European Parliament responds to Norway’s decision to open the Arctic to deep-sea mining by calling for a global moratorium on the industry

The Deep Sea Conservation Coalition (DSCC), Environmental Justice Foundation (EJF), Greenpeace, Seas at Risk (SAR), Sustainable Ocean Alliance (SOA) and the World Wide Fund for Nature (WWF) welcome the adoption of Resolution B9-0095/2024 by the European Parliament regarding Norway’s decision to advance deep-sea mining in the Arctic. The adoption of this resolution comes as global resistance to this industry has reached an all-time high.

The European Parliament voted in favor of Resolution B9-0095/2024, sending a strong signal and expressing critical environmental concerns regarding Norway’s decision to open vast areas in Arctic waters for deep-sea mining activities. The resolution reaffirmed the Parliament’s support for a moratorium and called on the EU Commission, Member States and all countries to apply the precautionary approach and promote a moratorium on deep-sea mining, including at the International Seabed Authority.

“We very much welcome this resolution by the European Parliament reaffirming its call for a moratorium on this destructive and risky industry before it begins. As momentum grows globally for a moratorium, we call on Norway to reverse its decision before irreversible damage is inflicted to our ocean,” said Sandrine Polti, Europe Lead for the DSCC.

The SOA’s Anne-Sophie Roux, Deep Sea Mining Europe Lead, expressed: “At present, we lack the robust, comprehensive, and credible scientific knowledge to allow for a reliable assessment of the impacts of deep-sea mineral extraction. Any mining activity would therefore contradict Norway’s commitment to the precautionary approach, sustainable management, and international climate and nature obligations.”

“By opening up for deep-sea mining in the Arctic, Norway is ignoring hundreds of concerned ocean scientists and losing all credibility abroad as a responsible ocean nation. This should be a warning to any government considering going ahead with mining the deep sea”, says Haldis Tjeldflaat Helle, Deep-Sea Mining Campaign Lead, Greenpeace Nordic.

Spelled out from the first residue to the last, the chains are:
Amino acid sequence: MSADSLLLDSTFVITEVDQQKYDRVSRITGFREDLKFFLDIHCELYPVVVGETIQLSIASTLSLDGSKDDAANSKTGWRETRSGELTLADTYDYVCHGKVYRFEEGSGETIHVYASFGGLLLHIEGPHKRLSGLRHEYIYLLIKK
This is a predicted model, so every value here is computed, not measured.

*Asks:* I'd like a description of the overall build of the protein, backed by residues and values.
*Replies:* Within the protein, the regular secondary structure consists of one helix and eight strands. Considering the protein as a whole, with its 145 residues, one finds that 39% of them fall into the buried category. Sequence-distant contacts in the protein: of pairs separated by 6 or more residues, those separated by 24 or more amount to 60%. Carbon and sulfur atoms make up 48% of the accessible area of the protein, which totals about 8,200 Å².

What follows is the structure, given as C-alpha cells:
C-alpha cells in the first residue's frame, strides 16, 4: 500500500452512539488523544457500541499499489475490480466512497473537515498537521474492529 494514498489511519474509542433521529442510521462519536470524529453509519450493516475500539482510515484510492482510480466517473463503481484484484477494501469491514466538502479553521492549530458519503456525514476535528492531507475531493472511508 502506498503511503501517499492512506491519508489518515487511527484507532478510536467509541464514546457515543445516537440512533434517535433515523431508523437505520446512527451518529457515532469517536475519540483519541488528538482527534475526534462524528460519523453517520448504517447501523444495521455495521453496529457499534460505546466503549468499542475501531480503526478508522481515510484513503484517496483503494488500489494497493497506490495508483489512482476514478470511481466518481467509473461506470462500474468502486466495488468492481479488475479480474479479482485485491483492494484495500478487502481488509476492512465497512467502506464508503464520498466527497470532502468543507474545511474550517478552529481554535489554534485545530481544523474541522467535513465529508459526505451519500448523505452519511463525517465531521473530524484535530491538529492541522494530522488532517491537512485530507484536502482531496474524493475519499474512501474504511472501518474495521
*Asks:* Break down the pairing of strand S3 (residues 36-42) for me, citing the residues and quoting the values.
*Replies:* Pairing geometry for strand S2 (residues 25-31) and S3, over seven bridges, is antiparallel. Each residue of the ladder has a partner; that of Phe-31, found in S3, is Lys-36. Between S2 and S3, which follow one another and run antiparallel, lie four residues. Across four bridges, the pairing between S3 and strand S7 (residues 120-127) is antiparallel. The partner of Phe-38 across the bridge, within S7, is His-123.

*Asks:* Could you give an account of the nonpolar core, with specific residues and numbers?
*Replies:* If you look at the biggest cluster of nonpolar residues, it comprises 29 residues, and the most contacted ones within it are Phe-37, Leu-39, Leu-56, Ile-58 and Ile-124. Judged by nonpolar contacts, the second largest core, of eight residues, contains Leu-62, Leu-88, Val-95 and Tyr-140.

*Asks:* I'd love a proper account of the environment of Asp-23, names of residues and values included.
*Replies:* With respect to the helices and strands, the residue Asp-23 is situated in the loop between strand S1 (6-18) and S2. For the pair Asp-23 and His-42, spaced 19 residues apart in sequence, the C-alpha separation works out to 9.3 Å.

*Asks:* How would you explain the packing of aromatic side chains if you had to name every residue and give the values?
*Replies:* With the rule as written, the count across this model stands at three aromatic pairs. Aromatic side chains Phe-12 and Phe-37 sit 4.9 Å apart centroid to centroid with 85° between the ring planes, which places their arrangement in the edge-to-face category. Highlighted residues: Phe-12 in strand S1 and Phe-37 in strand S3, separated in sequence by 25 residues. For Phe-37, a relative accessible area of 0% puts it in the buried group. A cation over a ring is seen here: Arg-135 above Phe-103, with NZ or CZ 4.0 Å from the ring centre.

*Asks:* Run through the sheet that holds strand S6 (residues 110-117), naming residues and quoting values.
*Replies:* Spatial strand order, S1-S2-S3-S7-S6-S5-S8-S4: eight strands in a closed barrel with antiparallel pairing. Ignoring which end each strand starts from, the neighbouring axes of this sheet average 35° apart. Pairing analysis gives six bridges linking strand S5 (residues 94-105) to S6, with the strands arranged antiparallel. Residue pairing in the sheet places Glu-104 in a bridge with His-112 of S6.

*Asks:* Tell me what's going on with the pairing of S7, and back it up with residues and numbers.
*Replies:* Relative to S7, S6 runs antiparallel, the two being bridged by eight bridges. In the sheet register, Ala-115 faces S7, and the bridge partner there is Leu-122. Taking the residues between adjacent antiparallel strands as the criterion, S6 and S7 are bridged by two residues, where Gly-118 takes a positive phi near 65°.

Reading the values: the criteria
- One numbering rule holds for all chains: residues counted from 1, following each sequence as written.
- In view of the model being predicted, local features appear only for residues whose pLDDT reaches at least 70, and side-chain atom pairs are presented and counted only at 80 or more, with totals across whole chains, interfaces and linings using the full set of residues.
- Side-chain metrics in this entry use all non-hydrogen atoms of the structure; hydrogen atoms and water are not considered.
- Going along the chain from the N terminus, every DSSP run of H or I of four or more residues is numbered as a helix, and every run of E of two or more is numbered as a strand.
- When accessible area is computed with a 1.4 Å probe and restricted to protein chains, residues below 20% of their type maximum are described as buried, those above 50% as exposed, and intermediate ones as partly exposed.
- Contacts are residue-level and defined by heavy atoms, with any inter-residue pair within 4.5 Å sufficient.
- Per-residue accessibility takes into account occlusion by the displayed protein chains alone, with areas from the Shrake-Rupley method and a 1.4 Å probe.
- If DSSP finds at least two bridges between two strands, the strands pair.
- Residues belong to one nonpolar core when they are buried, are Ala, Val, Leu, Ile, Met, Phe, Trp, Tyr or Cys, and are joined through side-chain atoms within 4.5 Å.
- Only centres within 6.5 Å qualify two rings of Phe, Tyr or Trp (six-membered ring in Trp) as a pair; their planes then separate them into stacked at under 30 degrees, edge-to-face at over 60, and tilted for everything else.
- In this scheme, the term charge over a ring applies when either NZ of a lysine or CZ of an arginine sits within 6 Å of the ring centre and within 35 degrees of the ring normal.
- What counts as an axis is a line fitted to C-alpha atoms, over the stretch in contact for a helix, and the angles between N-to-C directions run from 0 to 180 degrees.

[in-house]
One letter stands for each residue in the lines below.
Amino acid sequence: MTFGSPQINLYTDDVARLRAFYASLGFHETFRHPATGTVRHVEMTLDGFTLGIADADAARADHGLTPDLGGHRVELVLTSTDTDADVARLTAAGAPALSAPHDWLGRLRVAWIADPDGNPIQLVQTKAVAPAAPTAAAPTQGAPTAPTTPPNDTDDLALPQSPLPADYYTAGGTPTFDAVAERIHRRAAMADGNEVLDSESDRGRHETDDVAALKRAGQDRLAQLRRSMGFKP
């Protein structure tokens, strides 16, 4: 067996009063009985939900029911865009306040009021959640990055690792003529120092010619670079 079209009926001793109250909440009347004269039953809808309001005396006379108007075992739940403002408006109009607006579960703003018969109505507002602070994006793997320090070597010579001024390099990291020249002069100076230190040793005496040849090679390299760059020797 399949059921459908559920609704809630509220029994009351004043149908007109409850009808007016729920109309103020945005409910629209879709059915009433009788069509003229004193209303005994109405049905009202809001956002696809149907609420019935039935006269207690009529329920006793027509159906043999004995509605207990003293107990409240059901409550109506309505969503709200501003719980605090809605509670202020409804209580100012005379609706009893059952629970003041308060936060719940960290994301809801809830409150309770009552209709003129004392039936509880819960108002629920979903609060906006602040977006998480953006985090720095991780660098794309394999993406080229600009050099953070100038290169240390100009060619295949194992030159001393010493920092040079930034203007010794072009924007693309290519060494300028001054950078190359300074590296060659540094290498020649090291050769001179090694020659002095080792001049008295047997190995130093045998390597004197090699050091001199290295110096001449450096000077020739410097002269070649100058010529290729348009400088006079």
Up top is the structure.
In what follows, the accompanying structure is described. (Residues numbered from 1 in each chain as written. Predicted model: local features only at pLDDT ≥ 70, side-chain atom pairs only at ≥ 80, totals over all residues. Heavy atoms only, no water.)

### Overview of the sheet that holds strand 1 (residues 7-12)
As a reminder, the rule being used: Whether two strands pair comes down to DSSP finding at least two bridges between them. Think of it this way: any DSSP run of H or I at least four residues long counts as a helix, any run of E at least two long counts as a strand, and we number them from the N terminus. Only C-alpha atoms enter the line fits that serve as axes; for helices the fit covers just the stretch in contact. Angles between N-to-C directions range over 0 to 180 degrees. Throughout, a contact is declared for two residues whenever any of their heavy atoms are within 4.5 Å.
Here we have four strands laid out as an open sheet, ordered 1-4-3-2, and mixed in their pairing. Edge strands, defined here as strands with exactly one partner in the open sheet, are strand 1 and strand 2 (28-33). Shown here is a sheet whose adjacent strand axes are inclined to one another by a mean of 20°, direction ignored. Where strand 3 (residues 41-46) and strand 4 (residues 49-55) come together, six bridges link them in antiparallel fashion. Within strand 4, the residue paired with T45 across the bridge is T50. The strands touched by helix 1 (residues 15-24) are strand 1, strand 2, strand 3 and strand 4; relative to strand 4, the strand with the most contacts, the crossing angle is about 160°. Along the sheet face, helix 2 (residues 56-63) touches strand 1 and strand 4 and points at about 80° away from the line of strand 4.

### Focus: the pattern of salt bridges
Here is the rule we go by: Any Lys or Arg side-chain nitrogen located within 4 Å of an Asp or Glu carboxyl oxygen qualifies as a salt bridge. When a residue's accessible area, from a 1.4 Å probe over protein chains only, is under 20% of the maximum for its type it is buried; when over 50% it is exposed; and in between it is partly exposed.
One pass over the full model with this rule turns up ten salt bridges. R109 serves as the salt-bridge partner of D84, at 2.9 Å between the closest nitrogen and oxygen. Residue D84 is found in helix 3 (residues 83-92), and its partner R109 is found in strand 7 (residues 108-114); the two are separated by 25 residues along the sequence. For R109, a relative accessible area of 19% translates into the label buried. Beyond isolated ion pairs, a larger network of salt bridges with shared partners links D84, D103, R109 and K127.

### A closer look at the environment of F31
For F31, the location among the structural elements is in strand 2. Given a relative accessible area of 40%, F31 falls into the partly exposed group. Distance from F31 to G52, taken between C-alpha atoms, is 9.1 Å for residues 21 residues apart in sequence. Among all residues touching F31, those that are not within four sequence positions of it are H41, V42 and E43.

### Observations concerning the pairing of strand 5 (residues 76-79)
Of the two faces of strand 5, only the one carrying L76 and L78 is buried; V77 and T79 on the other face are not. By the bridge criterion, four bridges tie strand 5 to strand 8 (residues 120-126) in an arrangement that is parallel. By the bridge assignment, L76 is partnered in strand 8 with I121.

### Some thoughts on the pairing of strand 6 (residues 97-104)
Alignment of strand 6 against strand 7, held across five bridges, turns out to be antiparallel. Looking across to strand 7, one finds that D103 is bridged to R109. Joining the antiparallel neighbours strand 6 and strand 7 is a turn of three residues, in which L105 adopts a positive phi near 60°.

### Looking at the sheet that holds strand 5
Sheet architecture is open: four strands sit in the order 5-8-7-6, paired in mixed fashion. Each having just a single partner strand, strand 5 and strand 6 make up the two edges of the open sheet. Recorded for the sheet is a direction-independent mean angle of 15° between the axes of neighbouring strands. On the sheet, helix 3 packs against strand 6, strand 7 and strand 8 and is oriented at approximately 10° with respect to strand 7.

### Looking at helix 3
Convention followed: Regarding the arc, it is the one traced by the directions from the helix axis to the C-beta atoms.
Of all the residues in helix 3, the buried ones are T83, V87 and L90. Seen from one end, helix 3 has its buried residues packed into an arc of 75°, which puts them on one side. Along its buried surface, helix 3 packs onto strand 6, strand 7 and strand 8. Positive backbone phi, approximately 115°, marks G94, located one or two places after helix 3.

The Parliament’s resolution follows a decision made by the Norwegian parliament on January 9, 2024, to greenlight deep-sea mining activities across more than 280,000 square kilometers – an area equivalent to the size of Italy, in the sensitive Arctic. The move sparked widespread concern amongst the global community, such as scientists, the fishing industry, NGOs/civil society and activists, including a petition that has garnered over 550,000 signatures to date. The Norwegian Environment Agency, deemed that the strategic environmental impact assessment provided by the Norwegian government does not provide a sufficient scientific or legal basis to open for either deep-sea mining exploration or exploitation.

“The Norwegian government’s decision to open up for deep-sea mining activities bulldozes over recommendations of its own expert bodies, leading scientists, universities, financial institutions and civil society. As a self-proclaimed ocean leader, Norway should be guided by the science. The evidence is clear – for a healthy ocean we need a global moratorium on deep-sea mining.” says Kaja Lønne Fjærtoft, the Global No Deep Seabed Mining Policy Lead for WWF International

The Parliament’s resolution raises concerns of Norway’s deep-sea mining plans on EU fisheries, food security, Arctic marine biodiversity and the potential transboundary impacts on neighboring countries. Furthermore, due to not fulfilling the strategic environmental impact assessment criteria, Norway could potentially be in breach of national and international law.

Simon Holmström, Deep-Sea Mining Policy Officer at Seas At Risk stated: “Arctic ecosystems are already under immense pressure due to climate change. If deep-sea mining is permitted to proceed, it could disrupt the world’s largest carbon sink – the deep sea – and cause irreversible and permanent loss of marine biodiversity within and beyond Norwegian waters. We cannot let that happen.”

To date, 24 countries globally, including 7 EU countries (Finland, France, Germany, Ireland, Portugal, Spain, and Sweden), are calling for a moratorium or pause on the industry. Multinational companies such as Google, Samsung, Northvolt, Volvo, and BMV have pledged not to source any minerals from the seabed.

Reports continue to sound the alarm that metals found in the deep sea are not needed and will only provide limited financial benefits to a select few, countering the claims of profit-driven deep-sea mining companies.

Martin Webeler, Deep-Sea Mining Campaign Lead for the Environmental Justice Foundation, added: “Deep sea mining is not needed for the green transition. Destroying nearly pristine ecosystems will not halt biodiversity loss and will not help us solve the climate crisis – it will make them worse. We need a serious rethink: full implementation of the circular economy and the overall reduction of demand for minerals must finally become our guiding principle.

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